For "setting such a thing up", well it depends what you mean. If we're talking about a "sale and trade" section, there could be one at AAC if the management decided it would be a good thing; it seems to me a good idea to first determine what has already been done. (One at AAC would, I imagine, be a great deal more well-populated than if I set one up elsewhere.)

    If we're talking about cooperative orders from Farnell or Digi-Key, those can be "set up" any place where it's allowed and there is sufficient interest. Is that sort of activity permitted at AAC, and if so, which section would it go in?

    Of course, it is quite possible that I'm deluded and no-one else here would be interested in such things ;)
     
  6. Dave

    Retired Moderator

    Nov 17, 2003
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    I think may be a good time for me to chip in and give my two-pence.

    The whole idea seems very logical - you are essentially looking to plug a gap in a market that exists for many a hobbyist or small-time electronics fiddler, in that you buy a bulk load of components at a reduced price of which you require a small amount and then sell on the remainder to potential suiters of those components - I've got this part correct thus far? If so, its a good idea.

    Now the question you want answering is where can you set-up such a facility that will gain sufficient exposure to make it viable? To be fair it requires a substantial and stable community to build up the stock items to make the whole venture work. As it stands at the moment, AAC does not endorse selling through its medium in any form, and buy this criterion, your proposal could not be supported here for many reasons, primarily: 1. We aim to provide help and assistance to those wanting to learn about electronics - the sites focus is around assistance and help; and 2. Such a system by where people can buy and sell opens the site up to abuse from those that are not trusted (as it happens this possibly can be overcome in one of several ways).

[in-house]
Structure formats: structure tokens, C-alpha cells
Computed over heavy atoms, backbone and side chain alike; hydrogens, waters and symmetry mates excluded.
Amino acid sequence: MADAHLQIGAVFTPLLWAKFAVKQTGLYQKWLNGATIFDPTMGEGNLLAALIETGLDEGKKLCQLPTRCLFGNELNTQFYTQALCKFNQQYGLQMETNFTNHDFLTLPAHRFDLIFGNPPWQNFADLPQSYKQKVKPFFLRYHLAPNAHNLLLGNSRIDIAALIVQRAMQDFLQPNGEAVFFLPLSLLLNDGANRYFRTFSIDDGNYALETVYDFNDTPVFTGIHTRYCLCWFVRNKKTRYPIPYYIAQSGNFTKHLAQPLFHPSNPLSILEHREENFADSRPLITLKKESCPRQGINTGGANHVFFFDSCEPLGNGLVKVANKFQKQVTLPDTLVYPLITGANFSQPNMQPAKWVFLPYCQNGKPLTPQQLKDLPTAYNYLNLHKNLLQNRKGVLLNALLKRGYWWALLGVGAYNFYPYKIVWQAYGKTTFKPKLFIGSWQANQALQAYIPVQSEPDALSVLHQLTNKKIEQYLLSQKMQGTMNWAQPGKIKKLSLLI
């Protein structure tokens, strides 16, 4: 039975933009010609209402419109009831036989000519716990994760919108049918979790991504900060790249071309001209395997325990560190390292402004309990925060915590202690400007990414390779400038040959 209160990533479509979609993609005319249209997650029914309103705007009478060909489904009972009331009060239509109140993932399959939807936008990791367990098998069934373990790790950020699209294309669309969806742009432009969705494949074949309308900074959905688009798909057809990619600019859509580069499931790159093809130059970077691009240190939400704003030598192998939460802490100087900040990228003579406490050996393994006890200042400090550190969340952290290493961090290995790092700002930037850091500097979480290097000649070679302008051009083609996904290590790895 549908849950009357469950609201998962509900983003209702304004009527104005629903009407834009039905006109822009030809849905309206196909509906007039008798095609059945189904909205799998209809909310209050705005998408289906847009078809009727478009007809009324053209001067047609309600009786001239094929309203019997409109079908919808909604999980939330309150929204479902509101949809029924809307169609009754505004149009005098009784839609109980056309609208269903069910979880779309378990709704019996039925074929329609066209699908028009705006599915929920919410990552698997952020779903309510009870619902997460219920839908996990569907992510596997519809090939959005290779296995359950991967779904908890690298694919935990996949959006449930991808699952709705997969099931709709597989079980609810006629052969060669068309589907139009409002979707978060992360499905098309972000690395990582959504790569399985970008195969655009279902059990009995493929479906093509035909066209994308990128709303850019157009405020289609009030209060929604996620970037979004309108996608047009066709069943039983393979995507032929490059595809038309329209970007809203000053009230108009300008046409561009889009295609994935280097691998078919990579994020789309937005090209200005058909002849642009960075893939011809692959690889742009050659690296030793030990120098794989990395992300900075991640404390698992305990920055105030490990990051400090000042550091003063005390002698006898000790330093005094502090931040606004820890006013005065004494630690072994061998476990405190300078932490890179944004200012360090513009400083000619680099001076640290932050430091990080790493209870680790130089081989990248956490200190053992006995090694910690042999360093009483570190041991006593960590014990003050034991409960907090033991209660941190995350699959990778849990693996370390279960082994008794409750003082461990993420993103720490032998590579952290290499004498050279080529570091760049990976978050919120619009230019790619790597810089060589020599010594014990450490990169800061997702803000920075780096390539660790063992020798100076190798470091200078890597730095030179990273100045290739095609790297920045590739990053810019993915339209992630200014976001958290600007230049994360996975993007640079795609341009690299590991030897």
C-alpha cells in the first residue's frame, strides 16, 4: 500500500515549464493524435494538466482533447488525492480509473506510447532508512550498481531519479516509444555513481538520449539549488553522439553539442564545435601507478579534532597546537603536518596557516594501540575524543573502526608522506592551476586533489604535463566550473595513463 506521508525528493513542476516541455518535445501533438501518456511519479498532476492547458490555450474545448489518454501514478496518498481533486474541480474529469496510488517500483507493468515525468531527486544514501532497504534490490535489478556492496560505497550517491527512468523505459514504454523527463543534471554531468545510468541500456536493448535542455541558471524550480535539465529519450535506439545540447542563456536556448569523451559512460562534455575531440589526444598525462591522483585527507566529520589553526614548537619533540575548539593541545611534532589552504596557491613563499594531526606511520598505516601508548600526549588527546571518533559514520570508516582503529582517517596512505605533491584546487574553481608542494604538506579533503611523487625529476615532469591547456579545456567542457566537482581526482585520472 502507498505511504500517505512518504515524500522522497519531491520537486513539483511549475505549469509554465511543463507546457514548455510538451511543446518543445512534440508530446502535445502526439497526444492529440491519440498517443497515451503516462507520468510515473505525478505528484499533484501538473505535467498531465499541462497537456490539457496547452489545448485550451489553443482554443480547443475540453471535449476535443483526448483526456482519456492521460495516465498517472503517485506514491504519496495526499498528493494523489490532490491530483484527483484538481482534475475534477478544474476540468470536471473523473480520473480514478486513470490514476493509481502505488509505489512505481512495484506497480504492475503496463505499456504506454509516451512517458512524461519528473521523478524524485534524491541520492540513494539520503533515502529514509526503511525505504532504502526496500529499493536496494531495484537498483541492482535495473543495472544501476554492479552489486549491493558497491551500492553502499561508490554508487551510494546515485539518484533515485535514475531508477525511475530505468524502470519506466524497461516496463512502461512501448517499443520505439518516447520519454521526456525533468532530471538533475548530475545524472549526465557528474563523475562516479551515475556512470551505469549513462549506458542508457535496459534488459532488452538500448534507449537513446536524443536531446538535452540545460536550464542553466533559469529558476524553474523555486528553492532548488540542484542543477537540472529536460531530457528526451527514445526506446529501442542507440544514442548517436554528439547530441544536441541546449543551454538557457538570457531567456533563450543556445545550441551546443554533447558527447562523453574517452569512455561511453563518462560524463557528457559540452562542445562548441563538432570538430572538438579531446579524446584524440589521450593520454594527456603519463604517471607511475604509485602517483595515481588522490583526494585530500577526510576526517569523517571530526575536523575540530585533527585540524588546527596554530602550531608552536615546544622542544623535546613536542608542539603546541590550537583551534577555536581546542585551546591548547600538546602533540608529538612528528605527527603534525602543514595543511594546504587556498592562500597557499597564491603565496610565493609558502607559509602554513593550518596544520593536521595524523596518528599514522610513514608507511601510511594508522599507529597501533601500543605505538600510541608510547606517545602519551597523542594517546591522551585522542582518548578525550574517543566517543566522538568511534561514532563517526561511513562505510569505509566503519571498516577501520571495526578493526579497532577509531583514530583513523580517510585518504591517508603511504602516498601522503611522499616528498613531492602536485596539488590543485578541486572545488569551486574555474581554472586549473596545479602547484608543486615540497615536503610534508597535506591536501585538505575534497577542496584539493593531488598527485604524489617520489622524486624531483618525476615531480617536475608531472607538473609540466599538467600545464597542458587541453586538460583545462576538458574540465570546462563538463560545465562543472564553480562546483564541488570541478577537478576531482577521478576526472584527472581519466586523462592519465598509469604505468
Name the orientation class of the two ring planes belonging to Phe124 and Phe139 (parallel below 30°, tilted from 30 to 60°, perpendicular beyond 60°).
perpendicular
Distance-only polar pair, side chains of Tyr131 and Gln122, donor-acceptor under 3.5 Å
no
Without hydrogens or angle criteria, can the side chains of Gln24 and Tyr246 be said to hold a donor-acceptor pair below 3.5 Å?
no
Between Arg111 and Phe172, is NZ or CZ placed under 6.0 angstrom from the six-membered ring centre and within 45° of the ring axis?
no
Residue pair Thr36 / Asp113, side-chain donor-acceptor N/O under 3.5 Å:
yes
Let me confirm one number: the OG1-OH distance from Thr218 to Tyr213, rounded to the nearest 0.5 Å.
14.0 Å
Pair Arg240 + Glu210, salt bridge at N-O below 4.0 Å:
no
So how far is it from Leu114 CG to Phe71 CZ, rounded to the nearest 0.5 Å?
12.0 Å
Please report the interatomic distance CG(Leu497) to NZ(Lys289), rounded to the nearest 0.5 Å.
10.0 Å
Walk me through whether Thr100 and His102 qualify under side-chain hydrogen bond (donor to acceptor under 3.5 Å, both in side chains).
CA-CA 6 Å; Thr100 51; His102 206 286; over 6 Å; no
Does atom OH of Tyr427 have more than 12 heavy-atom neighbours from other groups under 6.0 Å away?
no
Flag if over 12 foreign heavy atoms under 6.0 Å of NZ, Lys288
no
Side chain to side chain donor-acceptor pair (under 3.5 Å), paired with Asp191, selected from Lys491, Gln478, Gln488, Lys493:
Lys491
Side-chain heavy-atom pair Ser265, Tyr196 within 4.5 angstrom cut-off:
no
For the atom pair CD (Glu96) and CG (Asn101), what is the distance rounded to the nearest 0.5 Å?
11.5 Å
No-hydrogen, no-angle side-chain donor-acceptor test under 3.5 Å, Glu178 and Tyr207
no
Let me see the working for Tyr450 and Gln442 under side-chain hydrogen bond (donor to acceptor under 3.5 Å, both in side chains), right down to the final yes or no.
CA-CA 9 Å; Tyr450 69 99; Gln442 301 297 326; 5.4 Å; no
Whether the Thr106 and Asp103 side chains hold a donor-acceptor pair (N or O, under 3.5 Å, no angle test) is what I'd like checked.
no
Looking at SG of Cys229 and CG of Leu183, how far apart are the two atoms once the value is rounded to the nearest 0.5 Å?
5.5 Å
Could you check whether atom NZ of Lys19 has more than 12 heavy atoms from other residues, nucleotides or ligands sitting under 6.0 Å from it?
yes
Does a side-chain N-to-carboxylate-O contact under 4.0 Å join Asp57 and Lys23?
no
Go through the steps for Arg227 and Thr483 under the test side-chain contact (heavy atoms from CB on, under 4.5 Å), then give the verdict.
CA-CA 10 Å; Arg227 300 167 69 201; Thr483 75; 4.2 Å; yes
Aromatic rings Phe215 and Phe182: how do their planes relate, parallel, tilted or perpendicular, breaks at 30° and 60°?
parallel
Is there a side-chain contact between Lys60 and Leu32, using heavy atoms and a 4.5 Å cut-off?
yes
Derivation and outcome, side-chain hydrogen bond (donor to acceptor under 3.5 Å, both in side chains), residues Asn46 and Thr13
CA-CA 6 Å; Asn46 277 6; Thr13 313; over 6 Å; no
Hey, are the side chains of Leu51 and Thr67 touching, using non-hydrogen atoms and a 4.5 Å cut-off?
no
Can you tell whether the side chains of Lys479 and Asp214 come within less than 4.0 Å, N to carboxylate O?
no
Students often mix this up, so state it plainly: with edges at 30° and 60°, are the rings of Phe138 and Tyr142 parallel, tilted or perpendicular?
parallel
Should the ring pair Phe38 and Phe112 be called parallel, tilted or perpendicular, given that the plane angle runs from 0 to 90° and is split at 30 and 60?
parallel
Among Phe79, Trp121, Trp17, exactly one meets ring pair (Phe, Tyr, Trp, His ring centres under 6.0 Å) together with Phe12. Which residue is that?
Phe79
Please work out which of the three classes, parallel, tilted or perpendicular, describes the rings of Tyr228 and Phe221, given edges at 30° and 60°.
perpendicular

Perhaps you could embellish on how you would envisage such a proposal being implemented to open up the discussion (I appreciate that you have already provided a lot of detail thus far and may not wish to add more). Although I must stress AACs stance on this is, and continues to be, that described above, it is an interesting concept non-the-less.

    Dave
     
  7. BladeSabre

    Thread Starter Senior Member

    Aug 11, 2005
    105
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    OK, I understand that AAC does not allow selling. I will continue to discuss the subject since you find it interesting.

    I'm not sure whether you've understood. What Maplin and some eBay sellers are doing, is buying the items wholesale and offering them to the consumers in small quantities. This is a fine business, and eBay is an excellent place for small sellers to get sufficient exposure for it. The prices, while often being many times the wholesale price, are usually quite reasonable for the hobbyist market. However, when choosing what items to deal in out of the millions available, these people are obviously going to choose the more common ones that have a decent chance of selling.

    The gap I am seeing is that the more obscure items are only available from the large-order suppliers, which excludes them from the small hobbyist market altogether. (This is far more serious than paying £4 for an item on eBay that I could have got for £1 at Farnell if buying £34 of other stuff.)

    Like I mentioned in the first paragraph, this gap can't be plugged by a small seller building up "stock". There are just too many different items. And in the case of a "large" company, well, they all choose not to do it for some reason.

    So, the first solution I was thinking of is if someone wants something, maybe there's someone else in the world who has an extra one. Not from deliberately building up stock, but just because people do that. Any scheme based around this would require a very large userbase to be effective.

    The second solution is about ordering the things that people want, in the present. There's no accumulation of stock here either. People request items, probably pay for them in advance (with Paypal or similar), the organiser orders the whole lot and ships them out to the individuals. This one could potentially work with a much smaller userbase.

    I'm not wanting to run a business. What I'd like is to be able to buy the rare components for small-order-reasonable prices (which can be substantially above wholesale) and not have to worry about all that selling stuff. I've done quite a bit of selling in the Digimon market and it's really quite unpleasant for one with my personality. So my original question related to whether a solution had been implemented already, that I could go and spend my money on. (I have previously asked about traditional suppliers in case I'd missed an important one, but the relationship between available range and minimum order size still held.) If the "group ordering" was a popular idea but no-one else was willing to coordinate the deal because they all hate selling more than I do, that's when I'd be saying "oh all right, I'll do it".